Going back to politics. Do you think [the U.S.] is changing and evolving? Or is it regressing?

It’s hard to say. We’ll know a little bit more at the next election. I think that there’s so much evidence of irresponsibility, at best, and lackluster performance of our elected officials. In my opinion, there doesn’t seem to be enough outrage. It seems like America has become complacent and is like, “This is just how it is.” I wish there was a little bit more outrage. I mean, there is outrage, but generally, it seems like entrenched wealth and power is doing everything it can, via mainstream media and the entertainment medium, to prop up the illusion that everything is just fine. A lot of people are willing to silence the back of their mind that’s saying this isn’t right and accept the creature comforts of the status quo. I think that’s unfortunate, but I don’t think it’s about people’s weakness or not wanting to act—it’s just more about human nature. We like the calmer sea, and we don’t like the stormy sea.

I’m happy about the new blood, especially women and people of color, who are in this Congress. I hope that it’s just a harbinger of a more appropriate cross section of what our country is being able to go speak for us and shape policy for us rather than the same rich white people time after time after time.

You mentioned how people aren’t outraged enough. Do you hope this album ignites that outrage?

I definitely hope so. I’m not in any kind of denial of the size of our band and what kind of dent we can make, but if people do listen to it and get engaged and inspired, then that’s a tremendous positive.

Looking back since your first album, For God and Country, how do you think you’ve evolved as a songwriter?

Well, I sort of know what I’m doing now. I had no clue then. We thought we were doing all right, but when we got in the studio for that album, we didn’t know anything. It was definitely an awakening of the arena we were now operating in, the expectations and the preparation needed. We were fortunate to work with great engineers and producers along the way who taught us more than we could ever repay as far as how to prepare, how to separate ourselves from the pack, and how to nurture our own sound.

For me, as a vocalist and a songwriter, I think the easy thing to talk about is that the first album was a hodgepodge of songs that we had kicking around for three or four years, and it was bits and pieces of riffs—like, one guy’s riffs duct taped to another guy’s riffs duct taped to a third guy’s riffs. We thought that was how songs were written. But one thing that was different going from that album to our second album, [1996’s A Comprehensive Guide to Moderne Rebellion], after a year of touring, being exposed to other bands, and talking to other songwriters was that the second album was me sitting down with a guitar with the plan of writing a complete song. The songs started having a singular thought. That was a completely foreign concept prior to that. That made all of the difference for me.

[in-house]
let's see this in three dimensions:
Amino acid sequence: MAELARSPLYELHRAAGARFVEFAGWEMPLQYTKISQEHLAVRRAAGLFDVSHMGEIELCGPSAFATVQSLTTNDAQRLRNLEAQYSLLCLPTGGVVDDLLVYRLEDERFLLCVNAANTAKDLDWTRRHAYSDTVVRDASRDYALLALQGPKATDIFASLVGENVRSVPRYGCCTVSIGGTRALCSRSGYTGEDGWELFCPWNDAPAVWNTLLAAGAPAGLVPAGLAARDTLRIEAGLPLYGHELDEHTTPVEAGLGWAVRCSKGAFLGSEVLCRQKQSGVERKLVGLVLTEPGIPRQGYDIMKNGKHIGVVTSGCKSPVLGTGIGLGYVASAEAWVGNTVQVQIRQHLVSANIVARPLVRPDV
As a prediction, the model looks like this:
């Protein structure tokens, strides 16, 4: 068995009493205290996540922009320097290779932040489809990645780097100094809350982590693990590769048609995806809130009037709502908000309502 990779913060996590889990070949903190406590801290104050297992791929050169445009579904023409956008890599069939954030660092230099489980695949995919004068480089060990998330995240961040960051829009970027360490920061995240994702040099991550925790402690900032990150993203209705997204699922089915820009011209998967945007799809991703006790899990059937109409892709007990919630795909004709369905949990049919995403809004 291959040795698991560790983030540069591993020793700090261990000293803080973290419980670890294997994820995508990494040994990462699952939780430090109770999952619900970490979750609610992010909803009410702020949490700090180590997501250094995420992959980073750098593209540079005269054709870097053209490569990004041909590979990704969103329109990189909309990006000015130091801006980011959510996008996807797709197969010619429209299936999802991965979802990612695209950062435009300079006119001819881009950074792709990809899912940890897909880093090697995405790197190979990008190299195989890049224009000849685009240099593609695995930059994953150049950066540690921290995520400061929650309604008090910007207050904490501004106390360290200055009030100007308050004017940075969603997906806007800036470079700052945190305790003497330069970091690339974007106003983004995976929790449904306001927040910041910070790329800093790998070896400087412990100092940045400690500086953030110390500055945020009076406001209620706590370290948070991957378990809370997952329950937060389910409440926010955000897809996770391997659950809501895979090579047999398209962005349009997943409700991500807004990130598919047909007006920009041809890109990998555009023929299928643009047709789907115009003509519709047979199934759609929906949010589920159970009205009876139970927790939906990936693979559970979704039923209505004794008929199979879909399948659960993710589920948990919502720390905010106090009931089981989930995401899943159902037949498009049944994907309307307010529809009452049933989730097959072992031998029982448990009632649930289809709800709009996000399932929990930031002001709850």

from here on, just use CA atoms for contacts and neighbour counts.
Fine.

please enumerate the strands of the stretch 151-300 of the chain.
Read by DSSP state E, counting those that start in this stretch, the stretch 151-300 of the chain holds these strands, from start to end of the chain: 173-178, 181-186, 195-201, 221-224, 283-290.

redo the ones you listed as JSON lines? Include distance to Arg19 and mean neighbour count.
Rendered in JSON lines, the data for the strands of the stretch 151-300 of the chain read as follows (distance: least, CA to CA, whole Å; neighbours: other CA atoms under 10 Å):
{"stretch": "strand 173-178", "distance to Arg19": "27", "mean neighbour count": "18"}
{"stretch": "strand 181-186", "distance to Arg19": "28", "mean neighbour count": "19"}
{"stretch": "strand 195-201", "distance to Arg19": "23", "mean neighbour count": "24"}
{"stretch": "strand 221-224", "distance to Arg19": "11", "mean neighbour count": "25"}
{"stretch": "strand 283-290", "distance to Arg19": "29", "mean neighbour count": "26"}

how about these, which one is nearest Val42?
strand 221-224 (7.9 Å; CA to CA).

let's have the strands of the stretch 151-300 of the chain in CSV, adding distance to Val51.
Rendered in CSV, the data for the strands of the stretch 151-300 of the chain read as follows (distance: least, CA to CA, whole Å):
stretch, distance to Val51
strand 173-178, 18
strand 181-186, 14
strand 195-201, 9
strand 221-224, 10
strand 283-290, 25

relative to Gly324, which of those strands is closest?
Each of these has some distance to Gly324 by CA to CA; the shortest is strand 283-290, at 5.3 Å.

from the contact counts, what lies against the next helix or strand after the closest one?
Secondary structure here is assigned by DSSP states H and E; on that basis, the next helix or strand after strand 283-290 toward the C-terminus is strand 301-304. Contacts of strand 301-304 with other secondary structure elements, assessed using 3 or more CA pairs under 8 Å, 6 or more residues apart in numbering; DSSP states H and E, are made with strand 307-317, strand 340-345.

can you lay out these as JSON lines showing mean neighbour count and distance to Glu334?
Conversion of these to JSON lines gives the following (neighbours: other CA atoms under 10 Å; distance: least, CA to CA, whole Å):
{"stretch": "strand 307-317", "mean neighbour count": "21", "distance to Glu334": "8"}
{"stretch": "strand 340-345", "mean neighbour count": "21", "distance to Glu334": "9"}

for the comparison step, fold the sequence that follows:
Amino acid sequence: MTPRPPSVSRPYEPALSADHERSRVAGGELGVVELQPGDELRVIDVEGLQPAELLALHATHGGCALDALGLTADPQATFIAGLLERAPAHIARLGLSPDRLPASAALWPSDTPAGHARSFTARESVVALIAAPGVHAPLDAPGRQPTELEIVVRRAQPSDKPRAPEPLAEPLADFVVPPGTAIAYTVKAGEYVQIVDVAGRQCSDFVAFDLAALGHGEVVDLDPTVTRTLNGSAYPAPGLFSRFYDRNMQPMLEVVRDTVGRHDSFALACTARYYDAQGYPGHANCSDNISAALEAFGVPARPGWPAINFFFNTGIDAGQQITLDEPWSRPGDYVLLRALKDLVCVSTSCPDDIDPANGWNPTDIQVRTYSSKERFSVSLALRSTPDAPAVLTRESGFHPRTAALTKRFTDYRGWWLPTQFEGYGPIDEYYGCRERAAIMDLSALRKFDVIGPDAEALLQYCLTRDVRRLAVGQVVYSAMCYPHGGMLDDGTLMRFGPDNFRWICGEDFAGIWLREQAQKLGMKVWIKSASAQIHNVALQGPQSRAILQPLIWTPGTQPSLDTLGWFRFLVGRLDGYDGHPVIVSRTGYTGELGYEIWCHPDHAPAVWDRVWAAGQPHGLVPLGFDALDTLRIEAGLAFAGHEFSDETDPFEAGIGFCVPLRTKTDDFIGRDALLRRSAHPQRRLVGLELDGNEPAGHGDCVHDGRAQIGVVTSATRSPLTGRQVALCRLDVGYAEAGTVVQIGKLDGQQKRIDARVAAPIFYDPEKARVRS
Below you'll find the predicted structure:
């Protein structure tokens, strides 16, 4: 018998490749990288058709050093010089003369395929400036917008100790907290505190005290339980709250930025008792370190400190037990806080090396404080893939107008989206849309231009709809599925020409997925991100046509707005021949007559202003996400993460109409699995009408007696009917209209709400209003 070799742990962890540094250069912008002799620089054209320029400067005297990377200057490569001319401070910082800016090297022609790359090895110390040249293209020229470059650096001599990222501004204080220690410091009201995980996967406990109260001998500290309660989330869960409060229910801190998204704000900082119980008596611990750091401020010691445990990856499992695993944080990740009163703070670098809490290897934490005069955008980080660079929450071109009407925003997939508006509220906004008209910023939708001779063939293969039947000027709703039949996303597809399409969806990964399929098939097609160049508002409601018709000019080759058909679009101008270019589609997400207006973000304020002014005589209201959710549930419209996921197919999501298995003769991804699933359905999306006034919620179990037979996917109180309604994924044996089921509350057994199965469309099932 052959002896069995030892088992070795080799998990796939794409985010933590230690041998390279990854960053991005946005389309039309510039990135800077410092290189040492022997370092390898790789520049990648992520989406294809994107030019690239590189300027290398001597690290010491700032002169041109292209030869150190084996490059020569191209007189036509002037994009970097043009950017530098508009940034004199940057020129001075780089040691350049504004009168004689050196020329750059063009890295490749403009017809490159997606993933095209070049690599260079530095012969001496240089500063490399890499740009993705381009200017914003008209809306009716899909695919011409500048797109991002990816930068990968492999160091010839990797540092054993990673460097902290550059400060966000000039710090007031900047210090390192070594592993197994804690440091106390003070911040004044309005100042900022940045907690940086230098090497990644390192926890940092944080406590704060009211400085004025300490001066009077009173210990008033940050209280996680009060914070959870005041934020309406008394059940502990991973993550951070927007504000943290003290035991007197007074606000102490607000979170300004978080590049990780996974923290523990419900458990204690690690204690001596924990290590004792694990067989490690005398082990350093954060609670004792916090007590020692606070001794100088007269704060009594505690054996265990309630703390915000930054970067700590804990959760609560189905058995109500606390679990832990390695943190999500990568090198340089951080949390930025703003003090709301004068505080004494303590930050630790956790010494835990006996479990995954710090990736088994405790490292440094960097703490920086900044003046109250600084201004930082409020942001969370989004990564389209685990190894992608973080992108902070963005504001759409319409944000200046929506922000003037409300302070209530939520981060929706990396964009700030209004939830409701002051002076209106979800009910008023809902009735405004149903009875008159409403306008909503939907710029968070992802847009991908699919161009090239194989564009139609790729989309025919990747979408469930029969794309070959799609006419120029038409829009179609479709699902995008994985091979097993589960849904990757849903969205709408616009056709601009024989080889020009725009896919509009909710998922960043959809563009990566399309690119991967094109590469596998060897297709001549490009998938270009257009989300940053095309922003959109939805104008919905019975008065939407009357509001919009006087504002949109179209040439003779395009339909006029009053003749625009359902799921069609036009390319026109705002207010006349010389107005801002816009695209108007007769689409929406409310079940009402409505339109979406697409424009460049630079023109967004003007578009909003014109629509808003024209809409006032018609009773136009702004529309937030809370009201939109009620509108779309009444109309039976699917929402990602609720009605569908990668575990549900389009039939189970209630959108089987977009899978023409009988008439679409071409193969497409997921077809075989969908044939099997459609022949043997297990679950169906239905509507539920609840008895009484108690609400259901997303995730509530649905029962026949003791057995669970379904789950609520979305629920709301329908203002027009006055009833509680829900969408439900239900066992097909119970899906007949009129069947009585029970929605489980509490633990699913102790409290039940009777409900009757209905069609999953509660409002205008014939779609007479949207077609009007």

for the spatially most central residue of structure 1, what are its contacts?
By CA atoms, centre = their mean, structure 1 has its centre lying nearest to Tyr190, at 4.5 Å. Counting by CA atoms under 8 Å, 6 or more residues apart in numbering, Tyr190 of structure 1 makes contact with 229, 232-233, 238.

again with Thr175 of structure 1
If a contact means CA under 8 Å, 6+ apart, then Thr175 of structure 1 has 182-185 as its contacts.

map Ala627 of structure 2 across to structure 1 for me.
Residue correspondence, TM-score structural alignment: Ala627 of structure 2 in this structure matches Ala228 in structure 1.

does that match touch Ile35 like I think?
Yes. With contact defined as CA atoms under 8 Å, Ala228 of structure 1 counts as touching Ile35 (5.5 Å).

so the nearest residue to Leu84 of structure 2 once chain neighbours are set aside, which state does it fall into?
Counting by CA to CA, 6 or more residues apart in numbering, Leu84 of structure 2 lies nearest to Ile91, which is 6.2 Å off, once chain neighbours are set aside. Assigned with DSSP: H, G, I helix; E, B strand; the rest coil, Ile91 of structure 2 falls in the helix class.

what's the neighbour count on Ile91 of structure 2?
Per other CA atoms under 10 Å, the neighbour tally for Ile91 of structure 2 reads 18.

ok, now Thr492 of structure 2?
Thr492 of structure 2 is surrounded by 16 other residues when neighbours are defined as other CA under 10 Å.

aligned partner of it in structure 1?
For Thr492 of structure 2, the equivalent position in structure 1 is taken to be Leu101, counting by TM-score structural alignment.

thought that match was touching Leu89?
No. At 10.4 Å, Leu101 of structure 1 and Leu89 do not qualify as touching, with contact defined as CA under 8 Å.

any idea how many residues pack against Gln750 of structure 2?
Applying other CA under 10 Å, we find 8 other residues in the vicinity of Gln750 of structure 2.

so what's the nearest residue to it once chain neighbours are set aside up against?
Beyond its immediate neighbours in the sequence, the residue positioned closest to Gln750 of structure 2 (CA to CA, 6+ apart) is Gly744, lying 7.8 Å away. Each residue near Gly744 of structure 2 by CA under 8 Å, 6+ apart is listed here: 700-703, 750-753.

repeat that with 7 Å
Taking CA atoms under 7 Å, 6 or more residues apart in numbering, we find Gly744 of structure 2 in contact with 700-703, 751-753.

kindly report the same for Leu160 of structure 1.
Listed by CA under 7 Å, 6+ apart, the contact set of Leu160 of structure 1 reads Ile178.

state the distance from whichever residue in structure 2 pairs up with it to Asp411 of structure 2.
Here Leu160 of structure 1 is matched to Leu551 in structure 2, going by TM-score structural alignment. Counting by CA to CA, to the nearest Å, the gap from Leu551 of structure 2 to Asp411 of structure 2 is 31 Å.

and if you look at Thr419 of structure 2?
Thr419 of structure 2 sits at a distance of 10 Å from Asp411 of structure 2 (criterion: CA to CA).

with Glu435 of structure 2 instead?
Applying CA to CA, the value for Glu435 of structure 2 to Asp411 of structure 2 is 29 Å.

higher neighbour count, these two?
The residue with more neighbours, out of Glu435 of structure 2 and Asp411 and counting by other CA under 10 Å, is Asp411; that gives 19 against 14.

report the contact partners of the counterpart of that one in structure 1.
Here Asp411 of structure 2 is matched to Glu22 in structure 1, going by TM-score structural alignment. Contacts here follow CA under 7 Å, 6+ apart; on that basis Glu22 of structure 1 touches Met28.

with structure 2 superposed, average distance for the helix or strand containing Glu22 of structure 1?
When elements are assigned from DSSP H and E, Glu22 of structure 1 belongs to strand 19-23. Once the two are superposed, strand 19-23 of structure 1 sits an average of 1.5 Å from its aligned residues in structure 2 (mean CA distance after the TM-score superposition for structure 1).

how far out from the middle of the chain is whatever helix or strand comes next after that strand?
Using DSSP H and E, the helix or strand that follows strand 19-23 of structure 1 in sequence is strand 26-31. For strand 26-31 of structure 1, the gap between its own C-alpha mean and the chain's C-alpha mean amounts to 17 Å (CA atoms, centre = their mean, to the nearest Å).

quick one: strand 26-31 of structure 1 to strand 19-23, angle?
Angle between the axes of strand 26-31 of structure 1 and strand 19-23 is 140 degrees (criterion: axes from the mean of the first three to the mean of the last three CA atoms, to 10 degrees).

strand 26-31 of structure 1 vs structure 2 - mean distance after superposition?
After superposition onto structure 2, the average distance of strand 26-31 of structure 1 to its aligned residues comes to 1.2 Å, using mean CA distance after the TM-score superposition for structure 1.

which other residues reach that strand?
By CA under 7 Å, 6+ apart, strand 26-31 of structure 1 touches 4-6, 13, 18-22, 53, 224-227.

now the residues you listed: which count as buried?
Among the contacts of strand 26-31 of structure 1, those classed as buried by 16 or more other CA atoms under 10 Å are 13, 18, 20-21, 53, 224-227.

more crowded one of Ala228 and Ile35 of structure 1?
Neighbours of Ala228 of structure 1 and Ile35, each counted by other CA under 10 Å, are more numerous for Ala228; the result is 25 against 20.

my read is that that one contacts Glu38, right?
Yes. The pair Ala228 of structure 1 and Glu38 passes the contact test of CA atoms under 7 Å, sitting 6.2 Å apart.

Any plans for a new Only Crime record?

I think that there is, but I think that it’s going to involve quite a bit of logistical upheaval in the lives of a lot of people who are very, very busy. We have a group text that’s ongoing—and it has been for years—about doing that. I definitely wouldn’t rule it out.

This is a cliché question, but I honestly don’t know the answer: What’s the story behind the band’s name?

A long, long time ago, I used to draw, and I loved photos of live punk bands. I would read MAXIMUM ROCKNROLL, and I remember when Murray Bowles released his book, “If Life Is a Bowl of Cherries, What Am I Doing in the Pit?” It had all of these great pictures from shows in the Bay Area in the early 1980s. There were these people flying through the air. I loved the way the bands looked, and it was all so colorful. So, I just started making up bands and drawing them. Good Riddance was the name of one of the bands that I drew.

You might have answered this already, but are you optimistic about the future? Is Thoughts and Prayers an optimistic record?

I don’t know if there ever is an optimistic Good Riddance record. I would like to be pleasantly surprised, but I see a lot of indifference and a lot of “It’s not happening to me, so why should I care?” These are values that are very unfortunately American, a real lack of the social contract that I see in [other] countries I visit. I think that’s going to have to be worked on in order for people to come together to address the things happening not only politically and socially but environmentally to give future generations a shot. Having said that, I try to be optimistic and would love to believe in the best of our people.

Photo by Alan Snodgrass